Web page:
A more difficult source of delay is too few judges. The obvious solution to this problem is the appointment of additional judges, but this solution can be expensive. (Indeed, as the Financial Times recently noted, ICC judges receive an annual tax-free salary of €180,000 [more than $230,000]). Thus, some courts elect “ ad litem judges” – judges assigned to a particular case for its duration—from the regions involved in pending proceedings. This solution not only can reduce delays that otherwise arise from the need for interpretation—it can also shore up a tribunal’s perceived legitimacy, as the presence of local jurists can quiet the local public’s fears of bias and foreign interference.
Yet, even when the pool of judges may be sufficient, requirements for collegial decision-making by “panels” for the most uncontroversial administrative portions of a proceeding can so drain the pool that scheduling more than a handful of cases at a time is a pipedream. For this problem, the reform is obvious—permit more single-judge decisions—but it comes at a cost in legitimacy and, some would say, accuracy. This cost can be reduced by allowing interlocutory appeals (appeals before a final judgment) of errant single-judge decisions, but this cure may be also be worse than the disease because of the delay it entails.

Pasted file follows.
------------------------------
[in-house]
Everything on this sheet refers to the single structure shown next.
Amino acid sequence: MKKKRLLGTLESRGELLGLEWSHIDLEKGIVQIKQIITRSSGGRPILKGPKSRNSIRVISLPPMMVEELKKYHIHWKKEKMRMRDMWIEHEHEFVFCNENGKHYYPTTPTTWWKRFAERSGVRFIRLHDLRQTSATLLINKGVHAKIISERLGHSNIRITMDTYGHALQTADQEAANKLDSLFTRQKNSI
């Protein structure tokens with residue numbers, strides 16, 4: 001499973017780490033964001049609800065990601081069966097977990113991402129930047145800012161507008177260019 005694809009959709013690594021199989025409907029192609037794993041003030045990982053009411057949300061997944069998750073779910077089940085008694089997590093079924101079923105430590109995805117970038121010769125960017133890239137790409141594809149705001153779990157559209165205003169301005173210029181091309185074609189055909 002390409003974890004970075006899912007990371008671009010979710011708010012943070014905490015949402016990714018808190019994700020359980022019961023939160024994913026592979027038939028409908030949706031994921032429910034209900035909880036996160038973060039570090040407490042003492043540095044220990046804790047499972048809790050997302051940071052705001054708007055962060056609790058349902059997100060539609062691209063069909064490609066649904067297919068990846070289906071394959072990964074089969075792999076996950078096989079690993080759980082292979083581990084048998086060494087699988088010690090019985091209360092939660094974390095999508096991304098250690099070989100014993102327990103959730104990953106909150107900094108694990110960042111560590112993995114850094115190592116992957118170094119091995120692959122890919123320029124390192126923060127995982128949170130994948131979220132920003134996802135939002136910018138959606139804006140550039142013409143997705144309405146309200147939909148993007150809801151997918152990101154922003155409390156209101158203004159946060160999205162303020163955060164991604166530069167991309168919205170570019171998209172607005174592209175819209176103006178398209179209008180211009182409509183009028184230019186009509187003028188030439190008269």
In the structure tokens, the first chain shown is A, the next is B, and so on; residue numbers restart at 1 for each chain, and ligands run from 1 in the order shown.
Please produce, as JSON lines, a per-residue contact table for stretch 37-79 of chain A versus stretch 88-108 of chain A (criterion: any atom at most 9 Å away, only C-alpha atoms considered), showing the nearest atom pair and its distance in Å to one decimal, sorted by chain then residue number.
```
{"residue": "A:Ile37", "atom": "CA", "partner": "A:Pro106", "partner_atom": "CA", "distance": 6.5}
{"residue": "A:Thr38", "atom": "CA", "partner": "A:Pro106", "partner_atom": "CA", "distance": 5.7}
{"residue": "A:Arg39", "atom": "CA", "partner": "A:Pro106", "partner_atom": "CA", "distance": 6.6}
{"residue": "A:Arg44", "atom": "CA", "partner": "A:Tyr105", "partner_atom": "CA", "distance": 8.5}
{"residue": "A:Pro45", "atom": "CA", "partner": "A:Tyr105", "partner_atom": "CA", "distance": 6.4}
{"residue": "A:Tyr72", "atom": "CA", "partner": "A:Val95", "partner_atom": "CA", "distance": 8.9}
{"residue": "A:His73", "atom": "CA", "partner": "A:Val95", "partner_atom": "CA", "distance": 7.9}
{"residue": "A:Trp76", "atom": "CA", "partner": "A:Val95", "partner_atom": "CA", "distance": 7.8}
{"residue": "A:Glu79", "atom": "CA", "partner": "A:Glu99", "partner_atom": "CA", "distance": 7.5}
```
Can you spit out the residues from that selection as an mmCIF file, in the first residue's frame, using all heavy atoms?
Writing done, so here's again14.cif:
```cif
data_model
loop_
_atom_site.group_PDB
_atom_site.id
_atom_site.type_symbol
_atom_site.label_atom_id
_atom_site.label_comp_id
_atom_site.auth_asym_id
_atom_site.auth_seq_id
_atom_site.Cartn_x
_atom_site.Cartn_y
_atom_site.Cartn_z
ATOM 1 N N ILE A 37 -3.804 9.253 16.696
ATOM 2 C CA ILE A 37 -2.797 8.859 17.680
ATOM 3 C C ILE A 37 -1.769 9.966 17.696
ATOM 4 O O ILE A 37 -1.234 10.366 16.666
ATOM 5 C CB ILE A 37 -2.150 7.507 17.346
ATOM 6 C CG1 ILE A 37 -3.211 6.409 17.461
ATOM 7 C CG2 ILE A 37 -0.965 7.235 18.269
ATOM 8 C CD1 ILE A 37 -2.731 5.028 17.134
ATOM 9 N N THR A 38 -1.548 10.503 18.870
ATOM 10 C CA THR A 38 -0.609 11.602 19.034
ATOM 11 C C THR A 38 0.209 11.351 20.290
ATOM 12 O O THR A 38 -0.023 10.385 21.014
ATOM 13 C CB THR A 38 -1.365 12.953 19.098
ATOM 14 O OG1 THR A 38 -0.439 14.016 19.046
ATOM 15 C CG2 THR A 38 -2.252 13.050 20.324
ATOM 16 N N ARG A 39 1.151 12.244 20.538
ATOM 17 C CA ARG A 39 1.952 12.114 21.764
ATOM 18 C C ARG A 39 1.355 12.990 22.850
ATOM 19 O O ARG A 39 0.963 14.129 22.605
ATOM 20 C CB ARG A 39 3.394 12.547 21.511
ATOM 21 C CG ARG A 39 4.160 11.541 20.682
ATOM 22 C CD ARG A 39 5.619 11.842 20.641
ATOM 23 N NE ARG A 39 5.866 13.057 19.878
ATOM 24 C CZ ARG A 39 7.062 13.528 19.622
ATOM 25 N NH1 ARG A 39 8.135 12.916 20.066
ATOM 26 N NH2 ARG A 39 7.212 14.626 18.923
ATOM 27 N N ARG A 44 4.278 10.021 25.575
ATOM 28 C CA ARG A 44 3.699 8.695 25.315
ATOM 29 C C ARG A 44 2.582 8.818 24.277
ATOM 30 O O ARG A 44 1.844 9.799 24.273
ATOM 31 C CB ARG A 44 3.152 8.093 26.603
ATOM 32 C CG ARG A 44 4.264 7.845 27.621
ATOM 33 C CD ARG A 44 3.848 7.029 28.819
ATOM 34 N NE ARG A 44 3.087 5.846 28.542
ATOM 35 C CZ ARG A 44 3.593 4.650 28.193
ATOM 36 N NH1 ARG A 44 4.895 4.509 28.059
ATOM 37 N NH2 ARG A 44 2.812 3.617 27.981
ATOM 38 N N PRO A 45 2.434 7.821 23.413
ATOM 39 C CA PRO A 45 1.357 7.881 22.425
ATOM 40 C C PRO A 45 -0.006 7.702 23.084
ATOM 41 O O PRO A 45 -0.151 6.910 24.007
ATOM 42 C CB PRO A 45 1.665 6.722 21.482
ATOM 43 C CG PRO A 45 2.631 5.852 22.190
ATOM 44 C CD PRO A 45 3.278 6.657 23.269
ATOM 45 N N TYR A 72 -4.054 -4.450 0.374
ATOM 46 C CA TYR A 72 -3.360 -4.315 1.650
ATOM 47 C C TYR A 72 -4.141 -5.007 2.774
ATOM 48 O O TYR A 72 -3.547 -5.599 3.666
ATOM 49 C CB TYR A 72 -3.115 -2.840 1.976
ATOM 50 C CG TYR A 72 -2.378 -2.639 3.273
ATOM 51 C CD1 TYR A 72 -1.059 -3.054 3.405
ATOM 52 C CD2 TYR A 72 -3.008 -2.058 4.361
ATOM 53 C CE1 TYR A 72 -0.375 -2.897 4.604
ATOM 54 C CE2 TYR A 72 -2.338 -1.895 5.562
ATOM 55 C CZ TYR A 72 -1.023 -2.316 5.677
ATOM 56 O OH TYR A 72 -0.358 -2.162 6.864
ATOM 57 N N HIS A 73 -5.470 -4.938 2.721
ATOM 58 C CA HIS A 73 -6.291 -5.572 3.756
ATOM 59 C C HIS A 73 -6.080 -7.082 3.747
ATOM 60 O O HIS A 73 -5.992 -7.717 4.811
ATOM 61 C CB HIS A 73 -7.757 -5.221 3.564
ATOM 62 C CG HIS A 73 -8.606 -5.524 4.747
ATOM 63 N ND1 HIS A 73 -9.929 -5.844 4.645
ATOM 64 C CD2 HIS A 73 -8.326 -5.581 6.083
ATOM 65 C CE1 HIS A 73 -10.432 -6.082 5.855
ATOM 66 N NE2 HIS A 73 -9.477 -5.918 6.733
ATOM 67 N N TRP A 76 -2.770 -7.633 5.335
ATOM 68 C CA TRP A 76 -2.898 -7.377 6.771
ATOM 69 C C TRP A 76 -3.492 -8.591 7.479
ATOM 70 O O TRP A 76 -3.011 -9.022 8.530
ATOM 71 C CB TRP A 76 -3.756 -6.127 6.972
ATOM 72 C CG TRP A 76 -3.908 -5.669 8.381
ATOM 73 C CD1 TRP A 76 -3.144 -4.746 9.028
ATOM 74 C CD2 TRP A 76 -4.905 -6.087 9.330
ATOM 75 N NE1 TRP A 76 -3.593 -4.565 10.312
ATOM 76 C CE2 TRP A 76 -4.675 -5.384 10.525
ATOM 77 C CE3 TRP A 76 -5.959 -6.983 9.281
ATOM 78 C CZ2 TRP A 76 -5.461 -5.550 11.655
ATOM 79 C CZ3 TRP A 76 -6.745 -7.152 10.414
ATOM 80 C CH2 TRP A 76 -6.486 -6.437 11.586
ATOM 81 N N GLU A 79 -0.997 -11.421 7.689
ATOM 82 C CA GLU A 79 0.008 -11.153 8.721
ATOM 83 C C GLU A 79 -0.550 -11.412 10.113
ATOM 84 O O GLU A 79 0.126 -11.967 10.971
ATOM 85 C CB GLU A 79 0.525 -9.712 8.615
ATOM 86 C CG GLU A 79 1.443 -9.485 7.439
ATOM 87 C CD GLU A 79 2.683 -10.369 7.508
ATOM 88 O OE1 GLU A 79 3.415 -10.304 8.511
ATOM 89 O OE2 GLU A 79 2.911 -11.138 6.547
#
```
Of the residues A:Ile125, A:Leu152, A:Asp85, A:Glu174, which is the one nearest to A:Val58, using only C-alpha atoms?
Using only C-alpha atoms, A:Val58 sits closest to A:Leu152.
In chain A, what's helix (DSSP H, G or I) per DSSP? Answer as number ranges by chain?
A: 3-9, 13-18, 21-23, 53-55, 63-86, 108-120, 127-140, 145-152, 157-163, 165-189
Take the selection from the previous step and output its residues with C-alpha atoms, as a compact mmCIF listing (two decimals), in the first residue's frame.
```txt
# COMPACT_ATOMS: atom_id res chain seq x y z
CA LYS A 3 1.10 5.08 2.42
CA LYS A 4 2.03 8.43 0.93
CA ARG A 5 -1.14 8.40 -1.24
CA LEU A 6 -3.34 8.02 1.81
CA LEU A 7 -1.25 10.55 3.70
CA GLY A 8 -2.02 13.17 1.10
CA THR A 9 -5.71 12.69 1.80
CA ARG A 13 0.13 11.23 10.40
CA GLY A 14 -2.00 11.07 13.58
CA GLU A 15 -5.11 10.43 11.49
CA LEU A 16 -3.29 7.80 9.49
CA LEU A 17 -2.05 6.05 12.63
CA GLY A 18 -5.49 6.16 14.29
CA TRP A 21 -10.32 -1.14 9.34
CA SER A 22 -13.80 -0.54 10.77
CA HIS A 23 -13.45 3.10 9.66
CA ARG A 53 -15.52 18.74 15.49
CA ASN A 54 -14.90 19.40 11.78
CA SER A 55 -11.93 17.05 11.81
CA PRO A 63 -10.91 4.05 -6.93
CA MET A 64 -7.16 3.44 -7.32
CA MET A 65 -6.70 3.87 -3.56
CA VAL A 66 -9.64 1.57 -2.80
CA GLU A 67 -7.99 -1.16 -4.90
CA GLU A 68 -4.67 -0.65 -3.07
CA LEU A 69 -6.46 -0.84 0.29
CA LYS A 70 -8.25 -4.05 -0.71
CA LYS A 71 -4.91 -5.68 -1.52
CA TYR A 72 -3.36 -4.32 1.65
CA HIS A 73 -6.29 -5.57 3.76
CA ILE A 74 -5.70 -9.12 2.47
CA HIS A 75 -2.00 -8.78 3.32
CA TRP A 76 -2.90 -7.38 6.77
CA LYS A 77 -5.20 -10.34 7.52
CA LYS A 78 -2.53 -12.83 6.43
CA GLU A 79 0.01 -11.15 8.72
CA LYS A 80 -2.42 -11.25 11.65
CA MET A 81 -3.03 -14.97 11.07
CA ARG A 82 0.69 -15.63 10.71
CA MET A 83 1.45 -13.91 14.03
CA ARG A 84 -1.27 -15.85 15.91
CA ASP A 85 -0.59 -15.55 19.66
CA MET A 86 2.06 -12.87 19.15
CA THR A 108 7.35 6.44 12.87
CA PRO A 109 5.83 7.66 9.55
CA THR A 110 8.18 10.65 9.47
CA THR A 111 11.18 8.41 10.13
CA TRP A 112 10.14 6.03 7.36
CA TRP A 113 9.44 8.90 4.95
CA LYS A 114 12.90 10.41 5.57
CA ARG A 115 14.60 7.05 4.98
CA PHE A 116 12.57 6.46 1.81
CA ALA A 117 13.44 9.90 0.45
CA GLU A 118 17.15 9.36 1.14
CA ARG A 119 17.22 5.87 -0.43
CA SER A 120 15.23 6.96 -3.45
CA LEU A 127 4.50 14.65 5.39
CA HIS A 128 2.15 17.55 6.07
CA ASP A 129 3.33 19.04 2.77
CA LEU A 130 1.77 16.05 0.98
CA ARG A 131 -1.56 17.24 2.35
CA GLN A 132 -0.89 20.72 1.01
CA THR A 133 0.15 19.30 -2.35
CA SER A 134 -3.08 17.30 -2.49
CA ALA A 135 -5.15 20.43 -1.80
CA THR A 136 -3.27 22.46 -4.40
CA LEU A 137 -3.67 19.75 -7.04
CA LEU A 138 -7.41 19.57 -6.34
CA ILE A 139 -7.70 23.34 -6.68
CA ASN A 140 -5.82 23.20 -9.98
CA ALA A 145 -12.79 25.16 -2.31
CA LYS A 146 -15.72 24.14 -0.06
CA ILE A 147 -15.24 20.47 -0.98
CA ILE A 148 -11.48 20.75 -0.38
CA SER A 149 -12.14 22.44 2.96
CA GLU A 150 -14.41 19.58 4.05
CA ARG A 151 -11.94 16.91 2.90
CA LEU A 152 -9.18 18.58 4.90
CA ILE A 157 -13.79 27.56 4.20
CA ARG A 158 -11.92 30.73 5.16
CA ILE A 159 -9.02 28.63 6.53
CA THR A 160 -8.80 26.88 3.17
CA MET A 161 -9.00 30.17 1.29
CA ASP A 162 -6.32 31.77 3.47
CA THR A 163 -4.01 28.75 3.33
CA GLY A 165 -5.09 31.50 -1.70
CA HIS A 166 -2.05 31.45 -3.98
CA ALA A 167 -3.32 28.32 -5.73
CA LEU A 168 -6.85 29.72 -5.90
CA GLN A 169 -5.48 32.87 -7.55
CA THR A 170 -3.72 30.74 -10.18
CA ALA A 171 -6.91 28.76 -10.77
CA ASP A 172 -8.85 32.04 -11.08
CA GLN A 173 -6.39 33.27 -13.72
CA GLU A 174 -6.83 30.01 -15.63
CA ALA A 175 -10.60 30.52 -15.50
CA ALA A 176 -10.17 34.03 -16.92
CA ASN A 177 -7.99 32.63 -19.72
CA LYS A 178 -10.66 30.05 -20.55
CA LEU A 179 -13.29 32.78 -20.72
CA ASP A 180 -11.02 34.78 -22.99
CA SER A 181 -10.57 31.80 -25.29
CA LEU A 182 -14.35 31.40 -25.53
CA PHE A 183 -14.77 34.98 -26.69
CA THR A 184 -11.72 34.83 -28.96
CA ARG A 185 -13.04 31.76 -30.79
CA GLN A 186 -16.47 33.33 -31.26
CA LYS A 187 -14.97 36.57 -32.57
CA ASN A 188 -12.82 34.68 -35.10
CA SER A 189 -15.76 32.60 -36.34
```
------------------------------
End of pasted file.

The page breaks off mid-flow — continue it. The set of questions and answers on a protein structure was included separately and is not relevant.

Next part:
Another major source of delay is the international criminal courts’ preference for live testimony. This makes sense where key evidence is testimonial, not documentary, for live witnesses can be cross-examined by opposing parties and observed by the judges (international criminal courts do not use juries). However, a significant amount of the evidence in international criminal trials often relates to background events, jurisdictional prerequisites, and impact on victims, all matters collateral to the conduct of the accused. Documentary evidence, or testimonial evidence in the form of depositions taken outside the court, will often suffice to prove these matters.